"The General spoke again, slowly, using his strength as carefully as an out-of-work show-girl uses her last good pair of stockings."

I could go on, but I don't want to spoil a reader's fun.
Try a little Chandler on for size, you'll find a line that draws you in...

"I guess God made Boston on a wet Sunday."

"The streets were dark with something more than night."

Happy Birthday Mr. Chandler, thanks for Philip Marlowe, The Long Goodbye, The Little Sister, Trouble Is My Business, dames with names like Velma, and those hot dry Santa Anas...

Monday, July 22, 2013

Tap Your Troubles Away

Thank God(s)(dess)(es) that the heat and humidity finally broke. It was getting to me. Without air conditioning, the sweltering had me melting, melting you wretched brat... things weren't being helped by mega doses of prednisone which I've been taking since last Wednesday. The doctor (specialist) who prescribed them even called a half an hour ago to see how I was coping. Oh, everything's all right - I only quit as President of the non-profit which holds the license for the radio station, and resigned as station manager and program director. You know, the stuff that has been my identity for the last year and a half. Actually, I think I'm grateful. It was necessary, and I might not have done it otherwise.

It's complicated.

The precipitating event occurred when a Board member insisted I should do something his way immediately, instead of by the method the Board had agreed upon by vote two days earlier, or he would quit on the spot. He's in charge of our underwriting campaign and is the only person bringing in badly needed money. Me? I can't get the Board to pay a computer guy $40.00 for a cable that solved an emergency two months ago that made it possible for us to continue running the station. They keep saying they will order a cheaper version online and give the computer repair guy his once new, now used, cable back. (It's a non profit, it's complicated.) This wasn't a paid job, we're all volunteers. The choice was obvious. I quit. And the response from the Board has been peevishness that I did so without an appropriate exit strategy. (As Anna Russell used to sway, "I'm not making this up, you know".)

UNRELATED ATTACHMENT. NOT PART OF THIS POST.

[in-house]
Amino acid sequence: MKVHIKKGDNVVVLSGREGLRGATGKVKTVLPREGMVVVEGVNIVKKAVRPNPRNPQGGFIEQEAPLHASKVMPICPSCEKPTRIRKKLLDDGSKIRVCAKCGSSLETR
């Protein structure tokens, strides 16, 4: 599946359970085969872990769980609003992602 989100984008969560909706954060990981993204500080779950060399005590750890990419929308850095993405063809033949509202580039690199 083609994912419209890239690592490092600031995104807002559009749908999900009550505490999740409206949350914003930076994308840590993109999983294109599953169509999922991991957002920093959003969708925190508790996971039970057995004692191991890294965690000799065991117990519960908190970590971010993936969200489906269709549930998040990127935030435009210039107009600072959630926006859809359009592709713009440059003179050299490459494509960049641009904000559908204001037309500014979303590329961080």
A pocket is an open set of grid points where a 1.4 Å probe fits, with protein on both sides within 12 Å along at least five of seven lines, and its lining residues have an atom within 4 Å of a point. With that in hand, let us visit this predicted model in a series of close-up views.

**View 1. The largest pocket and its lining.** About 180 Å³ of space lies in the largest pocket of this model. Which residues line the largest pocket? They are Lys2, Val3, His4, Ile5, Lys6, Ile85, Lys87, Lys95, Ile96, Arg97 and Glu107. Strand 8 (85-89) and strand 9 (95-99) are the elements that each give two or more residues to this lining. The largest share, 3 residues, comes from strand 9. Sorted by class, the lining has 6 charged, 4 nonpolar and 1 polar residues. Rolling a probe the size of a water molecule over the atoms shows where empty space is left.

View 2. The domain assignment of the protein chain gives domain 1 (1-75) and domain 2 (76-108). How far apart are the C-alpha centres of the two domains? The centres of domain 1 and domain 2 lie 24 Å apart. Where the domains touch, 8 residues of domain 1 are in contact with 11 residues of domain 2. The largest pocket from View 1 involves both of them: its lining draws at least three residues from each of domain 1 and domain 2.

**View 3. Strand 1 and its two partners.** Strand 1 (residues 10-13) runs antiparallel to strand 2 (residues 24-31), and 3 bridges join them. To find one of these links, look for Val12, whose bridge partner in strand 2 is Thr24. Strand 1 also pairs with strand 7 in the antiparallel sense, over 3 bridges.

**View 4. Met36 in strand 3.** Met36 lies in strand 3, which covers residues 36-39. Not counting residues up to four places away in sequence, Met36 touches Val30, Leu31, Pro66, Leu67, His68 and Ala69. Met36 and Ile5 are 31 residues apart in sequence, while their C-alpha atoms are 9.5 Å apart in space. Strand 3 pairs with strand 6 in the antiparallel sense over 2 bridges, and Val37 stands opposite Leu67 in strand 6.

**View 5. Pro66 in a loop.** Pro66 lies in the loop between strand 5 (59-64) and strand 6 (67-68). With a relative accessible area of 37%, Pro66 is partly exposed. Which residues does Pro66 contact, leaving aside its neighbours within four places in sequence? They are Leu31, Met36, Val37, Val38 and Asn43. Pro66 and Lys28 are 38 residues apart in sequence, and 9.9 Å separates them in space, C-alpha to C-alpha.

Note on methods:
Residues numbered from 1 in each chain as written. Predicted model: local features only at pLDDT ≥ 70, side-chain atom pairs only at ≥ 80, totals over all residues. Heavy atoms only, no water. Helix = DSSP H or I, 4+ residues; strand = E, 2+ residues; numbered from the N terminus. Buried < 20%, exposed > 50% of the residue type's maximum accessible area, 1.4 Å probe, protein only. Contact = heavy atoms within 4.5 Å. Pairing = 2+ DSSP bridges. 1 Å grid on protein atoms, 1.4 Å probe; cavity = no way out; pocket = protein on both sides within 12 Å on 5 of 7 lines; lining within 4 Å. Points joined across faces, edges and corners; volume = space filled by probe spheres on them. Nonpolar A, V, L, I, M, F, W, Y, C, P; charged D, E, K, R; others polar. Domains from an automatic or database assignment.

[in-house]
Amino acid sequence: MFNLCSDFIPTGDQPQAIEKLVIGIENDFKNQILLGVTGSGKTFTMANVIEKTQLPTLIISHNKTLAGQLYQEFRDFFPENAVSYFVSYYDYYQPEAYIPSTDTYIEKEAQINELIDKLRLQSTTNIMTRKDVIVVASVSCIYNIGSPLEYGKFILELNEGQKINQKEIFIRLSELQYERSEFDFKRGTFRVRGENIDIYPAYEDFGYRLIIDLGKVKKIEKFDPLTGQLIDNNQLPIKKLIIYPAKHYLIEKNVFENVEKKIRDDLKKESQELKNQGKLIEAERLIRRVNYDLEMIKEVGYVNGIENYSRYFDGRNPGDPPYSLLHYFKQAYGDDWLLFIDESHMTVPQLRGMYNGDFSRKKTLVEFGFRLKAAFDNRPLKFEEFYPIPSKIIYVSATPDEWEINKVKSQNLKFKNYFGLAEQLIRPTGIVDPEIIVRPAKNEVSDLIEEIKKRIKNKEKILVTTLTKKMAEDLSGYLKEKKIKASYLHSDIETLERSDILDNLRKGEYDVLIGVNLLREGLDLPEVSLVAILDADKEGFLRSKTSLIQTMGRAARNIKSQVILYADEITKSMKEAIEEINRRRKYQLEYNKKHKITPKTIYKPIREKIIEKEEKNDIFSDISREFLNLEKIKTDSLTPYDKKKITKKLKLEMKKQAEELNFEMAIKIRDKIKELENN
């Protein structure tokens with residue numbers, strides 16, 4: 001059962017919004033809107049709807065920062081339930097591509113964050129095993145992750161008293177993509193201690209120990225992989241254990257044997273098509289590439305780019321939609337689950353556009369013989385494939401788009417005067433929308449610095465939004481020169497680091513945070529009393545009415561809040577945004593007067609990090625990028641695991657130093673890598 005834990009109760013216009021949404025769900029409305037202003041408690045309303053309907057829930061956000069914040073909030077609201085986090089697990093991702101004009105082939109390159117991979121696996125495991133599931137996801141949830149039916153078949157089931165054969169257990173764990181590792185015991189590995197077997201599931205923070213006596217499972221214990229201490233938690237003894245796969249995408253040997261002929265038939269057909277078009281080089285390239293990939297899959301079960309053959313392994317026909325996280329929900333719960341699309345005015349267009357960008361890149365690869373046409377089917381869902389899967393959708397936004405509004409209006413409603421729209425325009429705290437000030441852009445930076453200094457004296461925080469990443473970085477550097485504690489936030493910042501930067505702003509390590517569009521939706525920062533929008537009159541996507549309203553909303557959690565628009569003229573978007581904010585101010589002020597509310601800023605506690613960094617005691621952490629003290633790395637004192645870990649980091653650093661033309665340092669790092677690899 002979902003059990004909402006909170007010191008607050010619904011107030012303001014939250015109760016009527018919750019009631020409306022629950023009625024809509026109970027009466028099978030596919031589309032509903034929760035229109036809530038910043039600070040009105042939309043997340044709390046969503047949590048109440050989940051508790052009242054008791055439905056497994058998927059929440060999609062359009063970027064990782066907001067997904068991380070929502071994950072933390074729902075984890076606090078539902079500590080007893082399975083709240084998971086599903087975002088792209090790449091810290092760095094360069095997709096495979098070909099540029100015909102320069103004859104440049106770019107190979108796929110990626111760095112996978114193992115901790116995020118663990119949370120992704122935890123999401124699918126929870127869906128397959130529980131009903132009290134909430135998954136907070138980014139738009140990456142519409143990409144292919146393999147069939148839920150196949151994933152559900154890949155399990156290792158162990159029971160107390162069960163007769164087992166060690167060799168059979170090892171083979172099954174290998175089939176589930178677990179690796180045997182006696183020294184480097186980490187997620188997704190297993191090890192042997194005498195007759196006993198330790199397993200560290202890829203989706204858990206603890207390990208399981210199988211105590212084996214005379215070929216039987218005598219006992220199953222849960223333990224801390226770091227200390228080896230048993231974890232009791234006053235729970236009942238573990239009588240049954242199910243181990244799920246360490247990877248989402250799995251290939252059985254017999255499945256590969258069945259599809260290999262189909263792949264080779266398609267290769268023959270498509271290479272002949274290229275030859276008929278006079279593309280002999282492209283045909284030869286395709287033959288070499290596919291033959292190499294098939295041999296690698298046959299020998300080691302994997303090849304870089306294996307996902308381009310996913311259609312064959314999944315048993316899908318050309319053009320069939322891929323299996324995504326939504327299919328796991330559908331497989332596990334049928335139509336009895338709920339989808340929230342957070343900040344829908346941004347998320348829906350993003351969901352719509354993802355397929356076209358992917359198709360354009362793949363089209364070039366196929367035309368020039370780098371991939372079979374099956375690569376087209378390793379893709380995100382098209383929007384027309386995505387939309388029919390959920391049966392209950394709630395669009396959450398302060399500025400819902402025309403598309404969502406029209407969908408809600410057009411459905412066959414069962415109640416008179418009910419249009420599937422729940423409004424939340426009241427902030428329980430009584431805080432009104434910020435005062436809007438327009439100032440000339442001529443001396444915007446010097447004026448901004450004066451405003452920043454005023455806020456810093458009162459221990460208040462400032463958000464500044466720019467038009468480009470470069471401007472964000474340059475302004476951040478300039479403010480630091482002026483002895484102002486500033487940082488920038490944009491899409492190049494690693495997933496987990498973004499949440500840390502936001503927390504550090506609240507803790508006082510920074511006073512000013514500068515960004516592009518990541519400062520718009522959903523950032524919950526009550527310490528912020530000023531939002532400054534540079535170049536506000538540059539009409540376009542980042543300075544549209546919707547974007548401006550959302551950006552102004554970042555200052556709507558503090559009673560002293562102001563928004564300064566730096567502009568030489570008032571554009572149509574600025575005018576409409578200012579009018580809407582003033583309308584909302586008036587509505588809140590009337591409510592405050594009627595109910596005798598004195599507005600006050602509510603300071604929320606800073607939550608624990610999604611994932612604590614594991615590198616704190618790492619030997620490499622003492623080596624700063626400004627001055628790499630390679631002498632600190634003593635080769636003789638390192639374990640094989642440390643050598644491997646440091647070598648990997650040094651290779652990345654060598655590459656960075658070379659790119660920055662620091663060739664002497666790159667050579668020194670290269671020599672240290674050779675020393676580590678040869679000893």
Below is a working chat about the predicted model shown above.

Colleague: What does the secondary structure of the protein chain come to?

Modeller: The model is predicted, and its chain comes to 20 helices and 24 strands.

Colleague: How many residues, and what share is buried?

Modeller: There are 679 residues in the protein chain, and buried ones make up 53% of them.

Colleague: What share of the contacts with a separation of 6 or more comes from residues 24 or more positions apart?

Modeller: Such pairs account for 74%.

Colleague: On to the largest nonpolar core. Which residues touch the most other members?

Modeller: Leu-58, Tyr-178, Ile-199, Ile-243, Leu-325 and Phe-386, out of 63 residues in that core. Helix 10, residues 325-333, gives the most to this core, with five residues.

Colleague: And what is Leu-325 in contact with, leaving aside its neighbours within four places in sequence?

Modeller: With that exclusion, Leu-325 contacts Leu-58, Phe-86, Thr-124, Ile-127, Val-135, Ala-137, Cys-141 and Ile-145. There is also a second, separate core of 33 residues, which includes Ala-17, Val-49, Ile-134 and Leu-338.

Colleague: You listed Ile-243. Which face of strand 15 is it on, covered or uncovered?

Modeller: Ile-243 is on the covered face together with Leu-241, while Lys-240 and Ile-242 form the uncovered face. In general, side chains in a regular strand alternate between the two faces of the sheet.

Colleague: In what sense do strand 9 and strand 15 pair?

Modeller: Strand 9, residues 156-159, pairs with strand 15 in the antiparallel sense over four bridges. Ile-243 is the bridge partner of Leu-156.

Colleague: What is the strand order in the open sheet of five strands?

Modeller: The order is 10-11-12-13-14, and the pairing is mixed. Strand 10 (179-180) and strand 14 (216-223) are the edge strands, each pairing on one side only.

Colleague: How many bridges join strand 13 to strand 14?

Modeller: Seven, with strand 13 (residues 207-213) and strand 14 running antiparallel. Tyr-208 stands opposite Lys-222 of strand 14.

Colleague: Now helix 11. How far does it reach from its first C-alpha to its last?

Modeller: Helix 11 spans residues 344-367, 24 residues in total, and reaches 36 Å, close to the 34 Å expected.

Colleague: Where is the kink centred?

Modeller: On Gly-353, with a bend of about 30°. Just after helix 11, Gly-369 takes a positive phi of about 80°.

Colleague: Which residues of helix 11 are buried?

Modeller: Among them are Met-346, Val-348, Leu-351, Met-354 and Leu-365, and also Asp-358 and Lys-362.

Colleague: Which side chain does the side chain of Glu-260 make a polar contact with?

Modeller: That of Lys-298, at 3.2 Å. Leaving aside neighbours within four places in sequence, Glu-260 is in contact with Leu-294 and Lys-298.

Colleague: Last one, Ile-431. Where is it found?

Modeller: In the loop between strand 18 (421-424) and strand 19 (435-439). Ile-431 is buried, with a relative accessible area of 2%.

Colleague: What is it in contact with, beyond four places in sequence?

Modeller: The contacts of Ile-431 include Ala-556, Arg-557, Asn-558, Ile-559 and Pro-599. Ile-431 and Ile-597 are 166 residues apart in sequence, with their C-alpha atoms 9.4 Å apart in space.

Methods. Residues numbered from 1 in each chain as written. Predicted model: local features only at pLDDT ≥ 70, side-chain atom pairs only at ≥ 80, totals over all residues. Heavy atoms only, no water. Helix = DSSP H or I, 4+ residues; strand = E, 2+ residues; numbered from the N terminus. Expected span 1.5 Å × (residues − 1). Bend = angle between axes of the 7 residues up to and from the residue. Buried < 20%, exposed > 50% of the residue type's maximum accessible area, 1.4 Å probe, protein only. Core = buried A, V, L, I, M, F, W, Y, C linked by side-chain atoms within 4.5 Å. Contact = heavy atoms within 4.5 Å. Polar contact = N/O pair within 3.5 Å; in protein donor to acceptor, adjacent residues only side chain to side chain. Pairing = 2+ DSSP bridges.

The weather had everybody on edge. Every look at the online news services, every look at Facebook, there were people in full out nasty. For breaks, you might find a relaxing but inordinate focus upon news bulletins detailing the progress of a woman in England waiting to begin labor. There is a little noted news story which describes how a woman in Texas took her life and the lives of her two children when she couldn't handle the process to get approved for foodstamps. As the above events were merely the seasoning in the shake and bake, I decided I was going to attempt to unplug a bit.

To start, I spent a good bit of time "unsubscribing" from mail lists, political advocacy bulletins, a few legitimate subscriptions, oh you know, the effluvia of the electronic messaging universe of one who has been around awhile. I am still getting email from which I "unsubscribed" last Wednesday. (I'm writing on the following Monday afternoon.) We're only talking about the relatively small 130 or so messages of the day that make it through the spam filters that stop the other 2,000 or so messages I get each day. I don't have the "you've got mail" ding thing going or I'd be as punch drunk as the girl they hire when they can't get Gloria Grahame for a film noir.

It was a year ago last February that economics ended my cable, phone, and internet connections for awhile. It was actually very easy to give up the tv, and I quickly discovered that I often had it on as background and/or diversion while on the computer. There were shows I liked, and I tried to keep up with them online, but I'm not really crazy about tv on my computer screen and I quickly ceased the effort. Call me old fashioned, or at least order one up, please. At any rate, it was the cutting off of internet access that I found difficult. This part of the life and times was played out against a backdrop of getting the radio station back on the air. Not having internet access at home was a problem. I got it back through a different company last August. Which means the special one year commitment introductory offer I had to accept to get close to the blatantly misrepresented price is about to expire.

 Oh, well.

A couple of months ago I got cable back. I couldn't wait to watch network news again, catch up on a few shows, vege out. Did I ever tell you about the time I was in a thrift shop with Jon Campo when he triumphantly discovered a group of BIC pens? They were the old ones, the ones that were first introduced. The price was right, and they were, as he quickly pointed out, better made than the product of the time. Thing is, when they were new those pens were the cheap plastic mass produced intimation of the real thing knock offs at which we turned up our collective noses in amused superiority. And, oh, the difference between tv a year ago and how it has changed? Did I every tell you about Jon Campo and the BIC pens?